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) -- Here is good news for your children and grandchildren.

When the latter are ready for college, the former won't be pushed into the poor house by it.

That's because of Massive Open Online Courses, or

MOOCs. These are real college courses, taught online, that take advantage of the Web's scalability and the video capability of modern tablets.

Unlike the

Apollo Group's


University of Phoenix and other for-profit outfits, a MOOC is focused on courses, not degrees. A typical lecture-oriented class in an elite college might have 200 students. A MOOC could have tens of thousands.

Unlike an online college, MOOCs like Udacity -- or other such online universities such as Coursera, P2PU and University of the People -- offer popular courses taught at designated times from elite professors and institutions. They copy the best courses, not just the degree program.

Coursera offers courses from 33 leading universities, including my alma mater, Rice University. is aimed at individual teachers and lets anyone design their own course. University of the People proclaims itself "the world's first tuition free online university" and has put together an eclectic, international "President's Council."

A lot of the attention is on Udacity, co-founded by Stanford robotics professor Sebastian Thrun and two former Stanford graduate students, David Stavens and Michael Sokolsky.

They're focusing on popular courses most students can't get into that can be turned into profitable work. Like Thrun's own class in artificial intelligence, which he taught online through Stanford last year to a class that began with 160,000 students, of which 23,000 graduated.

It was that success that made him quit Stanford and found Udacity, with venture capital backing from Charles River Ventures. Thrun is also a



fellow and one of Udacity's early courses was on progamming the Google App Engine, taught using the Google App Engine.

Clay Shirky, one of my go-to experts on the social aspects of Internet life, explained what makes Udacity unique in

a recent blog post.

In the U.S., an undergraduate education used to be an option, one way to get into the middle class. Now it's a hostage situation, required to avoid falling out of it. And if some of the hostages having trouble coming up with the ransom conclude that our current system is a completely terrible idea, then learning will come unbundled from the pursuit of a degree just as as songs came unbundled from CDs.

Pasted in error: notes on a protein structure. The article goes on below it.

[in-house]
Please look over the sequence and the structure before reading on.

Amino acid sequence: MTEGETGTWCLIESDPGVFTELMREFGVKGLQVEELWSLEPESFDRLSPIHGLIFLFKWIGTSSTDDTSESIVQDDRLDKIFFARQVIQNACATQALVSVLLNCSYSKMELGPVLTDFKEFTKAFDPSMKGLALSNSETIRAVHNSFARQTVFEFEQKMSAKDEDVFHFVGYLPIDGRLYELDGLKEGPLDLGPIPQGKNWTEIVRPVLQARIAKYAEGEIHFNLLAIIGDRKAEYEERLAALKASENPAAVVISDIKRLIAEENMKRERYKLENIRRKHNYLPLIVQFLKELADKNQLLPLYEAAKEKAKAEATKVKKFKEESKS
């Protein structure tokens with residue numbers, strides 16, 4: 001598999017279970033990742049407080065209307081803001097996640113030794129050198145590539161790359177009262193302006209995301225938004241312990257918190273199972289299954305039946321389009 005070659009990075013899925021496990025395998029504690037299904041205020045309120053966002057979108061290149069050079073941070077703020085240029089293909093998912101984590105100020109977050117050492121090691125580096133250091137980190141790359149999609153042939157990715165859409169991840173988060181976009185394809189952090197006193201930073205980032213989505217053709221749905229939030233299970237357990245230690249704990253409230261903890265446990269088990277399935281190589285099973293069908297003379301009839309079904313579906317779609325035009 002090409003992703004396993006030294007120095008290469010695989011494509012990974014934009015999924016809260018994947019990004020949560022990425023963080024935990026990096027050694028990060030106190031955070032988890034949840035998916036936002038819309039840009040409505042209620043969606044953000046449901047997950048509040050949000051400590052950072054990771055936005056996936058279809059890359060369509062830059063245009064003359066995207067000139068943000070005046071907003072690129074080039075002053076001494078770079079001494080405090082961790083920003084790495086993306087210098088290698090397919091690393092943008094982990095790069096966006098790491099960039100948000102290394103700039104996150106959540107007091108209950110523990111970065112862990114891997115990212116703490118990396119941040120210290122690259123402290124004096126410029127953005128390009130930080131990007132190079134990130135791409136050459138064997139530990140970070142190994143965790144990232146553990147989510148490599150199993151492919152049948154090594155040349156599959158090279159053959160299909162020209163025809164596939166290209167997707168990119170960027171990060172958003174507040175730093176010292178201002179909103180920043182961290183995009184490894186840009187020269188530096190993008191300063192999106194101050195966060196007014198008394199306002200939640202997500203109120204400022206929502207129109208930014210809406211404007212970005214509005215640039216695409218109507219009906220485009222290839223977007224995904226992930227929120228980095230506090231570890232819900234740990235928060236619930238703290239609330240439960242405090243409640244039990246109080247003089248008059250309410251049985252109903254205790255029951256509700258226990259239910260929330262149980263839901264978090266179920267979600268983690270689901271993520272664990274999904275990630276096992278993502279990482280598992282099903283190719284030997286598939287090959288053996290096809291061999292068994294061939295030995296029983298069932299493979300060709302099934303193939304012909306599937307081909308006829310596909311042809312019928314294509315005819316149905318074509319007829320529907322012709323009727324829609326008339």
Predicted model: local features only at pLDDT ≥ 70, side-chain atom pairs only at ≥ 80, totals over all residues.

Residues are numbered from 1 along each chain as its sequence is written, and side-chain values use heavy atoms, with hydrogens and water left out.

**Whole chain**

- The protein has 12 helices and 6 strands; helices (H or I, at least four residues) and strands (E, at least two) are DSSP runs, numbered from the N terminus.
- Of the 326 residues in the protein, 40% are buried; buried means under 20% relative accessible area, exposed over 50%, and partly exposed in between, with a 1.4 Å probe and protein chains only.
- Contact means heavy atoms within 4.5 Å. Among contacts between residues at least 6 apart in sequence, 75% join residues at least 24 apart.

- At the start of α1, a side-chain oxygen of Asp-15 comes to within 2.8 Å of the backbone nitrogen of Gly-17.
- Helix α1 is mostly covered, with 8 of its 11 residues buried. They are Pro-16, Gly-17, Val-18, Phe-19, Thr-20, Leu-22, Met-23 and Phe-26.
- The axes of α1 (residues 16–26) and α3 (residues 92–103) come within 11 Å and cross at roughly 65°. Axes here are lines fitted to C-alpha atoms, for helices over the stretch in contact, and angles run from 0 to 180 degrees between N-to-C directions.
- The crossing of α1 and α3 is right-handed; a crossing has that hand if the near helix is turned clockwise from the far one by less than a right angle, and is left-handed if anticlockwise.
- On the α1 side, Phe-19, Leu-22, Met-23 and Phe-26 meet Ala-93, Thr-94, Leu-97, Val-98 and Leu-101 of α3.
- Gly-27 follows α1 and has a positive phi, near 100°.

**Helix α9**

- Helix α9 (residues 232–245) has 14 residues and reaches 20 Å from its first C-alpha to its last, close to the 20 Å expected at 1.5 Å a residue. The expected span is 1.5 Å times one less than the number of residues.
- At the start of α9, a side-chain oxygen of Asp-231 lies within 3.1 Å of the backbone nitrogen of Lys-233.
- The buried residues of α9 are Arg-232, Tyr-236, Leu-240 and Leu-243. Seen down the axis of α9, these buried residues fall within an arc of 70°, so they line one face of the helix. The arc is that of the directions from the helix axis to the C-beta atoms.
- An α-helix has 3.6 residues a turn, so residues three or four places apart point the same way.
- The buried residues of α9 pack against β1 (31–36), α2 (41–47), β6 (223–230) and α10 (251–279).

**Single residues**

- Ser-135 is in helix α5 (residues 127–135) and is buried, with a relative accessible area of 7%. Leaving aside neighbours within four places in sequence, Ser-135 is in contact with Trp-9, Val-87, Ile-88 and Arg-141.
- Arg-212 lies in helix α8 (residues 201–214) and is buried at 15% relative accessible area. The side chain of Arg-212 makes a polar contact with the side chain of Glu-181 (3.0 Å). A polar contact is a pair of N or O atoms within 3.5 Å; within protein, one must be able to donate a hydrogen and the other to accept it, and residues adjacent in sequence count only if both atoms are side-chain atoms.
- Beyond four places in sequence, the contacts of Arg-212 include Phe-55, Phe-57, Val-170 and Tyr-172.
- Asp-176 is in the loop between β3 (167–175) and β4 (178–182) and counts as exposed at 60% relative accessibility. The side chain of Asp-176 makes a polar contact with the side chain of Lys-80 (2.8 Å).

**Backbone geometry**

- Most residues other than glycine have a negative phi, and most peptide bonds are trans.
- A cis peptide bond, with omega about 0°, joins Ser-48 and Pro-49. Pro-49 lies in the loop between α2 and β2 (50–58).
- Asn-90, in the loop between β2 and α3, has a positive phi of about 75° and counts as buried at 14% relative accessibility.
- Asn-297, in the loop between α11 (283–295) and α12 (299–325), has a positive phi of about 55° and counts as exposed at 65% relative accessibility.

Shirky compares Udacity to Napster, which first let people download individual songs rather than having to buy a whole album. It's best not to compare it with



iTunes because, frankly, we can't be certain if this will be the MOOC that succeeds.

Thrun focused on marketable skills like computer programming, robotics and other hard sciences. The idea is to get only the best-of-the-best, and while I might prefer a literature course taught by Salman Rushdie or a history class taught by Garry Wills, science and technology are the low-hanging fruit.

The economic problem with college, as Shirky notes, is that it's labor-intensive and does not scale. You can push down salaries to an extent, but it still takes a lot of people, a lot of buildings, and a lot of land to produce even a mediocre college education, let alone an elite one. What makes an elite education is the unique talent of its faculty, which can't be discounted because demand for it is so high.

What Udacity does is spread that limited talent across to the broadest possible audience, while doing away with those other costs. Everything else can be done through one-on-one tutoring. Standardize on the best courseware, with the best lecturers, and use the Internet to deliver that to the widest possible audience.

Napster, indeed.

At the time of publication, the author was long AAPL. He does still treasure his Rice degree -- real sheepskin!

This article is commentary by an independent contributor, separate from TheStreet's regular news coverage.